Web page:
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February 21, 2009
Purdue handles IU
Players E'Twaun Moore, JaJuan Johnson and Chris Kramer
Coach Matt Painter
IU coach Tom Crean
It may not have been the one-sided affair many expected, but Purdue left no doubt in beating Indiana 81-67 in Mackey Arena Saturday afternoon.
Behind E'Twaun Moore's 26 points, the Boilermakers led from start to finish in beating their intrastate rival, leading by as many from 15.
The sophomore guard was due for an offensive eruption.
"Earlier in the year," Coach Matt Painter said, "I thought it was just a matter of time before he had a big-time game."
Moore saved it for his team's struggling primary rival, taking control of the game from its opening seconds.
Hitting back-to-back three-pointers in the game's first two minutes, Moore gave Purdue an immediate 6-0 lead. He scored eight of its first 11 points and 11 of its first 16, finishing the half with 18 on 7-of-9 shooting.
"I took some shots I'd taken in earlier games, and just didn't knock down before," said Moore, whose shooting percentages have dipped this season. "I was lucky enough for some of them to fall early, and after the first couple fall, the rest feel easier."
Moore did make it look easy, finishing with his season-high 26 on 10-of-14 shooting. He made 5-of-6 three-pointers, including his first four.
"When a player gets hot like that," big man JaJuan Johnson said, "you just keep feeding him the ball. He was carrying us."
Moore's first-half dominance carried the Boilermakers to a lead that reached 11 in the opening 20 minutes. But Purdue could never separate for the sort of blowout fans hoped for against a struggling Hoosier team that came in with a 6-19 record and only one Big Ten victory.
"We felt in the first half as a (coaching) staff that we just outscored them," Painter said, "because we weren't getting (defensive) stops."
IU hung around largely by sneaking in for four offensive rebounds that led to easy hoops.
"Our defensive rotations were slow," Chris Kramer said, "and their big guys were hanging around the basket for easy putbacks."
As the outcome was never in doubt, the second half looked a lot like the first, as Purdue opened a lead that reached 15, but struggled to stop Indiana defensively.
After Bobby Riddell's three-pointer at the 13-minute mark put the hosts up 14, 53-39, Purdue led by double-digits for most of the half. But IU got within nine on four occasions, after which the Boilermakers answered each time.
The final minutes saw IU fouling until virtually the final second and benefiting from Purdue's glaring weakness on this day: free-throw shooting.
The Boilermakers made just 18-of-33 of them.
"Your honest feelings are that we should have played harder, we should have played better and we should have played better defense," Painter said when asked about his team's effort, "but when you miss free throws, it just takes wind out of your sails. You do positive things, then come out with zero points. It's hard.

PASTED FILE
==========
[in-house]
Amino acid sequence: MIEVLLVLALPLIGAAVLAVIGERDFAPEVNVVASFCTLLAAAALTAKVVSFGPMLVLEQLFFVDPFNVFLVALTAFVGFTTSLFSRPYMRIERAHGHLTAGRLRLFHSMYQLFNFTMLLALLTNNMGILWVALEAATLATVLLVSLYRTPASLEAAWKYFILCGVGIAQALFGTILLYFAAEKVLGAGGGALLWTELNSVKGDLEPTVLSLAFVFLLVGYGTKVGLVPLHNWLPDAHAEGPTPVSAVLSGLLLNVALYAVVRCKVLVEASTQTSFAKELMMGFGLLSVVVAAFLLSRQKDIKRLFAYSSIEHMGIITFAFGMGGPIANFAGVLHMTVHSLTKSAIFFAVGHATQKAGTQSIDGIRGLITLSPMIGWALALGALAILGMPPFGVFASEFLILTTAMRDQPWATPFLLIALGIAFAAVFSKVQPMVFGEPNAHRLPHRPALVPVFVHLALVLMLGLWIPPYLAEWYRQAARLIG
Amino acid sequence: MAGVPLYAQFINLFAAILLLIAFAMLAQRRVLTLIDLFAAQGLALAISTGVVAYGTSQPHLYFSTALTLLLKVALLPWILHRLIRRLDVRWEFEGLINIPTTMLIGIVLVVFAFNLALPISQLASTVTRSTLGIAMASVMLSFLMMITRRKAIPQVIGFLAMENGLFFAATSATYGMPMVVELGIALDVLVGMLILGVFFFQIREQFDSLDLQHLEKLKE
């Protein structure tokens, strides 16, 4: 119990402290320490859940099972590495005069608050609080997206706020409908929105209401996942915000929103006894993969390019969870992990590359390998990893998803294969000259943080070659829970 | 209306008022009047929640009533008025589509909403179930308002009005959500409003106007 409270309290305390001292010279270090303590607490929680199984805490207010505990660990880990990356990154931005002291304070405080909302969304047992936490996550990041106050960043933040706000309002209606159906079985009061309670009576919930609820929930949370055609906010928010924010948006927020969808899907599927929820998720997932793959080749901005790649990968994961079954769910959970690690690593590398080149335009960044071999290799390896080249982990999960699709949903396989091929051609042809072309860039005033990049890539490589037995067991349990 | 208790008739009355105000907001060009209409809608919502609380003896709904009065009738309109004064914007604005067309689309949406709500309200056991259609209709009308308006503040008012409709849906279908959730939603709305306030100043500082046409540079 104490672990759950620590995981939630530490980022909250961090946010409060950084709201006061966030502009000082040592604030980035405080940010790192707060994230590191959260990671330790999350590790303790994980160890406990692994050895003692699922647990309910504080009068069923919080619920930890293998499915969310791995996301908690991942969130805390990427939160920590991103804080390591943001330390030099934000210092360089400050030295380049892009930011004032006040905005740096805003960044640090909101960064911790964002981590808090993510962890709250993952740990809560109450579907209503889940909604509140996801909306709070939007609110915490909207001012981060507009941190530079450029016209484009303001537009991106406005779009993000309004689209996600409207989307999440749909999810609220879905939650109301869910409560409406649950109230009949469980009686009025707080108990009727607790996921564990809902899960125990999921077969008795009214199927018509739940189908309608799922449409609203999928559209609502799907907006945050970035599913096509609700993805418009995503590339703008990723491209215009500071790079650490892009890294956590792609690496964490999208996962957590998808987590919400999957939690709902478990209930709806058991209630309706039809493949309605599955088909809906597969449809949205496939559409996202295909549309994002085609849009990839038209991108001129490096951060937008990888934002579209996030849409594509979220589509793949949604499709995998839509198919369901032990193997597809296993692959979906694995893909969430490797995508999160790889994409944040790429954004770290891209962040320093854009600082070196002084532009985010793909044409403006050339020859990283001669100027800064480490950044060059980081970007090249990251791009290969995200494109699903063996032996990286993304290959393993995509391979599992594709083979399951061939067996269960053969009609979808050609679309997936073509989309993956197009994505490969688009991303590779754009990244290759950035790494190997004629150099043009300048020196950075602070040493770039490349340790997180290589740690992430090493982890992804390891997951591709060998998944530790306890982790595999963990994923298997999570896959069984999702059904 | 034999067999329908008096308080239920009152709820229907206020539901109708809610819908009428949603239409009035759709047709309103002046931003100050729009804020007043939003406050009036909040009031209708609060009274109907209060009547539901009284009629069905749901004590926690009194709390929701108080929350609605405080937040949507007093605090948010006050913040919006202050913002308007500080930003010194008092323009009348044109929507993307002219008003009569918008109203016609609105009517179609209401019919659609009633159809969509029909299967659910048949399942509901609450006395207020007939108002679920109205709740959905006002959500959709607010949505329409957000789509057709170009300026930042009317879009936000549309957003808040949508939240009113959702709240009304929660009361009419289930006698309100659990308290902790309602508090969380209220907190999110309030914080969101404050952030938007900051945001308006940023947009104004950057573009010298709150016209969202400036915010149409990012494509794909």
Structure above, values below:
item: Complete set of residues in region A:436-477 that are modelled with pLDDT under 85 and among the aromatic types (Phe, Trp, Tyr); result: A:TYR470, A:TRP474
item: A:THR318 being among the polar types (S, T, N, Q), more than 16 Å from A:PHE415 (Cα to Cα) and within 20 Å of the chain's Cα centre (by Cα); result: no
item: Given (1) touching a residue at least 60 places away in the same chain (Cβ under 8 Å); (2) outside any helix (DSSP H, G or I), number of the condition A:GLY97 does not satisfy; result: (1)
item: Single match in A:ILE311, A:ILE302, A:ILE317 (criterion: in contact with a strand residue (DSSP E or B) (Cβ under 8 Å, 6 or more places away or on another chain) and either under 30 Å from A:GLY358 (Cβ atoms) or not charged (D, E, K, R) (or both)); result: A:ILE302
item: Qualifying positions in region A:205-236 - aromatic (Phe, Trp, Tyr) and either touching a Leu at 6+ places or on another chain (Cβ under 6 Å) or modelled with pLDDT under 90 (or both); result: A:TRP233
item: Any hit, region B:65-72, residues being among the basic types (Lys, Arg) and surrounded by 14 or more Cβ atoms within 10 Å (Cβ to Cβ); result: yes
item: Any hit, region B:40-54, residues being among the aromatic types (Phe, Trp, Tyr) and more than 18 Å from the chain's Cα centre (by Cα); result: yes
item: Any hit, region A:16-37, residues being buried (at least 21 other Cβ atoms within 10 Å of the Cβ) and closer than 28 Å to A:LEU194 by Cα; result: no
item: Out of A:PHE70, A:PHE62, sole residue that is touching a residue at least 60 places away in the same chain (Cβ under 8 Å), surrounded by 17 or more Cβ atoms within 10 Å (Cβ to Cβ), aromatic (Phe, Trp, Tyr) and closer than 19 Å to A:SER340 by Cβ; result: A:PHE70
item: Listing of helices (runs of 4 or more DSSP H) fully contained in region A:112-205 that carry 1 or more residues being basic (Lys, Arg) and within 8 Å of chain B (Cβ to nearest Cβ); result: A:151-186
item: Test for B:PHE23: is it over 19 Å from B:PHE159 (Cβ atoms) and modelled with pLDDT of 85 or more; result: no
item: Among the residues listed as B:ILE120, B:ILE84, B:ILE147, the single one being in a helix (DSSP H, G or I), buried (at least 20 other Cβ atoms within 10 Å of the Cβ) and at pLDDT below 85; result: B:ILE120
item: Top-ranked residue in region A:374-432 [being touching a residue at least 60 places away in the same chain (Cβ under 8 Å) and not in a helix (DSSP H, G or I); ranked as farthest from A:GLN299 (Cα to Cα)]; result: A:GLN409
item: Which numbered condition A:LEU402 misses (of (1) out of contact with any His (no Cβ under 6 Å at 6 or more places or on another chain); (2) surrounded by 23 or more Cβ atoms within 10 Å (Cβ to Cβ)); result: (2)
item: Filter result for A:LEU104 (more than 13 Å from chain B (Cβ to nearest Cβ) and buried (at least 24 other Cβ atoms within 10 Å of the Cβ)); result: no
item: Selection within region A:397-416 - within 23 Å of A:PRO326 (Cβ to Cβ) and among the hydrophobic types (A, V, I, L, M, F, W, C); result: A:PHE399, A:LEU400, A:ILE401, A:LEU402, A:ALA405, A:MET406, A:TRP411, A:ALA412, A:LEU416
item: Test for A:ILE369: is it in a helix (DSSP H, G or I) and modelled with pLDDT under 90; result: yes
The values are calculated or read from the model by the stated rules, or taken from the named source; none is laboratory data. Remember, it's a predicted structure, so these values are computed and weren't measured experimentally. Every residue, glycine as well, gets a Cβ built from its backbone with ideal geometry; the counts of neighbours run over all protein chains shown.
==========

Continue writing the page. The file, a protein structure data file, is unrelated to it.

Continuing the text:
"If we could have made our free throws today, it would have been a different game. That part was frustrating as a coach, as a player, as a fan, frustrating for everybody. Everybody says, 'Hey, I can make a free throw.' It's part of the game. You have to be able to step up there and make it and try to penalize a team for fouling you."
After Purdue made just two out of six from the stripe, including a missed front end, between the two- and one-minute marks, the Boilermakers were 8-of-8 in the final 50 seconds to close out the double-digit victory.
In addition to Moore's brilliance, Johnson scored 14 points to go along with 10 rebounds and five blocked shots. Marcus Green gave the Boilermakers nine points, five rebounds and two assists off the bench.
Kramer and Riddell each scored seven, with Kramer adding four assists and five steals in only 23 foul-hampered minutes.
If Purdue will look unfavorably back on something other than free-throw shooting against IU, it'll be its defense.
"Defensively," Kramer said, "we weren't as sound as we were against Michigan State."
Indiana shot 50 percent from the floor and routinely got clean looks on the interior, including the four easy putbacks. The Hoosiers committed 16 turnovers, below their season average of more than 18. Purdue struggled to keep freshman guard Verdell Jones (16 points) contained.
But the Boilermakers consistently answered the Hoosiers' scoring, making 57 percent of their shots, including 7-of-13 three-pointers.
Nevertheless, the 14-point margin didn't meet projections of a much more one-sided romp.
"Everybody did expect us to come out and win soundly," Kramer said. "That's what everybody was saying, but that's why you come out and play the games. It's college basketball.
"They played well today and it wasn't our best night. But E'Twaun made enough plays and our team made enough plays to pull out the victory."
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